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  1. Maggie, did you shape the loaf 10 inches long by 8 inches wide as the recipe directs?
  2. You can find the sauce recipe here (scroll down.)
  3. Reporting back... My Christmas plum pudding was spot on. I couldn't have been more pleased. Took a picture as the flame died down.
  4. I grew up having a plum pudding for dessert every Christmas. My great-aunt Violet always made it. Sadly, no one asked her for the recipe. I have the recipes for the accompanying hard sauce and brandy sauce, and have the same pudding basin she used. Would like to make something close to what I remember, dark and rich. So, after mulling over dozens of recipes, I made a pint-sized pudding on Sunday. Here's the pudding basin... Butter the basin and fill with batter... Cover with buttered parchment paper, wrap with foil, and tie to secure... Steam a few hours... The pudding has firmed up now, looks and smells pretty good. Will store it in the fridge for a month. Of course, the proof of the pudding is in the eating and this will have to wait until Christmas. So, I'll report back then.
  5. Another good source: Gourmail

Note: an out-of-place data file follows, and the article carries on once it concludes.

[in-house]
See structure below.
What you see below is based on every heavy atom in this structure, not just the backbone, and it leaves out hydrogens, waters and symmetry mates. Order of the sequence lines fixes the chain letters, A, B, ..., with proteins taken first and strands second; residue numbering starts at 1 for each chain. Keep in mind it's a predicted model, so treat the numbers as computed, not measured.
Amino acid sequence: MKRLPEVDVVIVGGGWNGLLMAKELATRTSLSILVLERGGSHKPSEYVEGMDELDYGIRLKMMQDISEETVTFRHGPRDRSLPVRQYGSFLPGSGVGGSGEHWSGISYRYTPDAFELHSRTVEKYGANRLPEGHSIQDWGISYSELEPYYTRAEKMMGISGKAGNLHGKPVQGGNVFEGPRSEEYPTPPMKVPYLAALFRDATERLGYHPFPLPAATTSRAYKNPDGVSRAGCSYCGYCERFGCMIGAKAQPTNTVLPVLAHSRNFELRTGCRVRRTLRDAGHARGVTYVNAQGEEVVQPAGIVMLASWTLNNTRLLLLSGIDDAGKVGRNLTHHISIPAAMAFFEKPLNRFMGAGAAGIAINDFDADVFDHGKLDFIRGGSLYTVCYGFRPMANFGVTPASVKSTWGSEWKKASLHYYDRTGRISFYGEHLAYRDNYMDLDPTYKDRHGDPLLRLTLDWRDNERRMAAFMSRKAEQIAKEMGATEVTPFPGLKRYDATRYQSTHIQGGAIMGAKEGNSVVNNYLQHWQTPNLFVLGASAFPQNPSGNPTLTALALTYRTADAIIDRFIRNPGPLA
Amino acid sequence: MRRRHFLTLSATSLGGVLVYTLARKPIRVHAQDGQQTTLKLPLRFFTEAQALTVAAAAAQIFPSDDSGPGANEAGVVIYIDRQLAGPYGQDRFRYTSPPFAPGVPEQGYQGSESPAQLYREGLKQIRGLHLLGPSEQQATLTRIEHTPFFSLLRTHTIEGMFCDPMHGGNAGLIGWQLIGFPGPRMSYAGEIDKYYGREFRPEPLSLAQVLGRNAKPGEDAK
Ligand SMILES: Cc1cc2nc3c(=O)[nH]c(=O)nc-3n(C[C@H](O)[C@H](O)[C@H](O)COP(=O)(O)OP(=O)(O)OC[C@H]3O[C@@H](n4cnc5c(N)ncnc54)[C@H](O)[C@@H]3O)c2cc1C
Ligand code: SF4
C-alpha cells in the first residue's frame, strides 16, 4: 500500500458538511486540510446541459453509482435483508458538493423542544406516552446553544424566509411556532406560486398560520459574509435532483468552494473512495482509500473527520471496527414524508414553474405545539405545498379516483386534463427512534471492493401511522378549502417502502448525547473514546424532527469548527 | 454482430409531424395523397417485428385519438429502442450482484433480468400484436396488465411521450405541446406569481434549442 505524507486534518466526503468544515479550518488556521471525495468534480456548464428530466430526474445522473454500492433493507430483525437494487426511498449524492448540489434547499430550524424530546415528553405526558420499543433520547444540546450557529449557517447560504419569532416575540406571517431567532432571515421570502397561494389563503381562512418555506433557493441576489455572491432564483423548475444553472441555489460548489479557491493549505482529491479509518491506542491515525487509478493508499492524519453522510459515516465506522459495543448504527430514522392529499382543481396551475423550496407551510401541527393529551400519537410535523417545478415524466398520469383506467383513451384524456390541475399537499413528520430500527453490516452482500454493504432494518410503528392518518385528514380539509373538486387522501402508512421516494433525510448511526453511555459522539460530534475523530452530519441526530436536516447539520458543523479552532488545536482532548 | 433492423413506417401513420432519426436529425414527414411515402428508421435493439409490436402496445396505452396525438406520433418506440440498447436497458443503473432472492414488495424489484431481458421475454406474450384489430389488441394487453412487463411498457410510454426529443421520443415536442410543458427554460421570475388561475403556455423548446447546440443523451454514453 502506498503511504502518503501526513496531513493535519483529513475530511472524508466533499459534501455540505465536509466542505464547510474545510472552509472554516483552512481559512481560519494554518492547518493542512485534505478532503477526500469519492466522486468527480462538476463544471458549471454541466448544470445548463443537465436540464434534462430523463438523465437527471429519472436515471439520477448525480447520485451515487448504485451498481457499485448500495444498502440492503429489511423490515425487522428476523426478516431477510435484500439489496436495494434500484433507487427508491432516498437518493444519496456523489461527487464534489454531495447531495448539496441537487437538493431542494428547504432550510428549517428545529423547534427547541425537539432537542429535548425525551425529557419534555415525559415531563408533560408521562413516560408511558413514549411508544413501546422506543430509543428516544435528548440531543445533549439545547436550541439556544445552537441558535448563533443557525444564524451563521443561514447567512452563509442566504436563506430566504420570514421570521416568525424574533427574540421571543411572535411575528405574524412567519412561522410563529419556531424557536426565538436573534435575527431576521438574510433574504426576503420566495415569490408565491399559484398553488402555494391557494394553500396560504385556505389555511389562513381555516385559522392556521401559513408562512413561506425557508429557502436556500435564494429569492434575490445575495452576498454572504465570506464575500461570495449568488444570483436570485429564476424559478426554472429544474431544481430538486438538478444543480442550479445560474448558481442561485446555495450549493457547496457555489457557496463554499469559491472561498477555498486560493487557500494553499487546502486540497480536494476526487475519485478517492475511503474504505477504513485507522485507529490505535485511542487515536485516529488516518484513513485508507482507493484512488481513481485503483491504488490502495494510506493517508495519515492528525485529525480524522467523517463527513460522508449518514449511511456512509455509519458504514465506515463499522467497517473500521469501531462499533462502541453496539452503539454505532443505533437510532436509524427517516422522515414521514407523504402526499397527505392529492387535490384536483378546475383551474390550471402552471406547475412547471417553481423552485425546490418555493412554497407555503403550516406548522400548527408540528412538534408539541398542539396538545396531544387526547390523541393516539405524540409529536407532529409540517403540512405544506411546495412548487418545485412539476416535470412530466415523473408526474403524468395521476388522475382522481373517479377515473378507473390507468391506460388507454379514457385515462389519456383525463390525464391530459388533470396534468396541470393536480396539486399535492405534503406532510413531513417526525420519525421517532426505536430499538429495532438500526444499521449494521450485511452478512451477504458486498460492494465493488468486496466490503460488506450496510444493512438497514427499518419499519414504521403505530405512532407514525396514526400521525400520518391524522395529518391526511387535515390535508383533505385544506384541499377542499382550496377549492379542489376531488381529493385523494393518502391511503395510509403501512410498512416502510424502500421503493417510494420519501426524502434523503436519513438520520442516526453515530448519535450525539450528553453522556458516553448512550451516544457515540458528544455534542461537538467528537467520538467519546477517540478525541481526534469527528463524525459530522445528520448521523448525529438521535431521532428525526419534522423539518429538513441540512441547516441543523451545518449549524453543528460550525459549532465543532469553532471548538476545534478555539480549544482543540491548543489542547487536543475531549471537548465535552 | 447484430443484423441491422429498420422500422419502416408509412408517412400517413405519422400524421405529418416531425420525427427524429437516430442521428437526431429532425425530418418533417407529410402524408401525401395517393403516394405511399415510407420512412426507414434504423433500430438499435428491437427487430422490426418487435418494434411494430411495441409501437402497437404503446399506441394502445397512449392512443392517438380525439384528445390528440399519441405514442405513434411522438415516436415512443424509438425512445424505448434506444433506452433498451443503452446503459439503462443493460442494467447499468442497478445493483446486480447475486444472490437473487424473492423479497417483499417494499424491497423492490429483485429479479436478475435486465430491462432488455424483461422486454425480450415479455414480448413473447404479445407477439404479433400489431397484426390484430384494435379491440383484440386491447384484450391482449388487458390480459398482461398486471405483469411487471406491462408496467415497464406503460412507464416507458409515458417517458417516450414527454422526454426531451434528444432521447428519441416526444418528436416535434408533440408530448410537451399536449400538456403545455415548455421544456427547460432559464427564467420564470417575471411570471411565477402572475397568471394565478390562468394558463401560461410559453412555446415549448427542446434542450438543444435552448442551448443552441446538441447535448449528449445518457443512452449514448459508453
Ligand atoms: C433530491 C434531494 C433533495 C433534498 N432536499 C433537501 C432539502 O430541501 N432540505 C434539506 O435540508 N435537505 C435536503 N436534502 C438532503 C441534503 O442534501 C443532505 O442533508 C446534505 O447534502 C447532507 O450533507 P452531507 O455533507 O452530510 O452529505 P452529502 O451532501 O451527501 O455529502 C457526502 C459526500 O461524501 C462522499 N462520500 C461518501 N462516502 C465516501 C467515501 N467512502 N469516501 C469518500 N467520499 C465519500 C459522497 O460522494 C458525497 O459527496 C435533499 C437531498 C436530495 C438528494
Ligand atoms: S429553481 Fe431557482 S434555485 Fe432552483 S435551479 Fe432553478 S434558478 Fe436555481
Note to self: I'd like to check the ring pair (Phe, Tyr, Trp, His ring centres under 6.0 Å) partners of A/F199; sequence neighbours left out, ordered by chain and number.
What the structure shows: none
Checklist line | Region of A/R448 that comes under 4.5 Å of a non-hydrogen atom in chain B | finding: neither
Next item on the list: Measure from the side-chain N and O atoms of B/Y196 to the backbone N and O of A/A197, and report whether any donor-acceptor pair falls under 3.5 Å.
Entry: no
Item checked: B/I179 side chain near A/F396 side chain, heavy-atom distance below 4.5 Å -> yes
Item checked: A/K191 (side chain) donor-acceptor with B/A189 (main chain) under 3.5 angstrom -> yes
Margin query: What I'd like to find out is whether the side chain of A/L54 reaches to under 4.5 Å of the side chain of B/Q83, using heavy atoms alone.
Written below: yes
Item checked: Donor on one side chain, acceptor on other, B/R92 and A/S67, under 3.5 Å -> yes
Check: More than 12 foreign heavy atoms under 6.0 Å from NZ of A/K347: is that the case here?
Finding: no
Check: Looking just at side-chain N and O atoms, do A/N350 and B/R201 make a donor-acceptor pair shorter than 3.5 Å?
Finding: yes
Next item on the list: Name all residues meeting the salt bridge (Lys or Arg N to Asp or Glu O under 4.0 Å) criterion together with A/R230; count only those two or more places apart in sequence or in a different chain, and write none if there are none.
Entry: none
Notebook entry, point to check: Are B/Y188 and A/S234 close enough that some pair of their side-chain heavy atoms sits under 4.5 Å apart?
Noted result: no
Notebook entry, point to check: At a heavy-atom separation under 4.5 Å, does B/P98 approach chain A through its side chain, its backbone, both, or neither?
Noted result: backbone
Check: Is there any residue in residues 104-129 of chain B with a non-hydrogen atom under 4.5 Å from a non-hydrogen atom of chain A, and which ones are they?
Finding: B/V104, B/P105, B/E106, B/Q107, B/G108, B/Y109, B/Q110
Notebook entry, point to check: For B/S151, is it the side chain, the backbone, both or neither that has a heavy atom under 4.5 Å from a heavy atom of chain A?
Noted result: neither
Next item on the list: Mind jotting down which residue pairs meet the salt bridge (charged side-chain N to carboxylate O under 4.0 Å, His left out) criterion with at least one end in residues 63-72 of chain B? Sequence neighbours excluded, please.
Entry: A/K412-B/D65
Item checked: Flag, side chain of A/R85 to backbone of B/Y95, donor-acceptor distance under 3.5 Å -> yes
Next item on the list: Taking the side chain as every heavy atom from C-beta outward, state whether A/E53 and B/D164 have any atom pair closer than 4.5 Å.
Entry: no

6. Thanksgiving is my favorite holiday; the history, and our traditions are fascinating. Here's another short article: Piecing together the first Thanksgiving meal
  7. Interesting article and reviews. This book sounds very good. Thanks, Melissa.
  8. The confusion might be because in English "ie" is pronounced like "eye". As in: tie, pie, die, lie... The German "wiener" doesn't fit this rule and is easily misspelled "weiner." And an owner can name their establishment whatever they want. Krispy Kreme comes to mind. Anyway, I don't want to derail the original topic here. Back to wonderful hot dogs...
  9. No. Vienna is "Wien." And it's Oscar Mayer wiener, shortening of wienerwurst, from German Wiener "of Vienna" (from Wien "Vienna") + Wurst "sausage." BTW, Wiener Würstchen are called Frankfurter in Vienna and all of Austria. Same for wiener schnitzel —Etymology: German, literally, Vienna cutlet. In German, weiner is pronounced like "viner."
  10. Okay, made these yesterday. Used the same formula as before, although this time used all bread flour and kept the dough as wet as possible. Cooked them on a griddle, which is a bit more tricky than just popping 'em in the oven. Lots of nooks and crannies in these, very authentic-looking English muffins. Tasty, too.
  11. I have a Russell Hobbs stainless steel cordless electric kettle. Very fast.
  12. I made Beatrice Ojakangas' Danish recipe from Baking with Julia this summer. Very pleased with the results, really superb. And being able to watch the video first is a big plus. You can see the butter and layers in the dough here... Baked Danish... Close-up of flaky layers... Drizzled with glaze... Fresh strawberry jam and pastry cream...
  13. Thanks for the kind words. Next time I will cook them them on a griddle, just to see how they differ.
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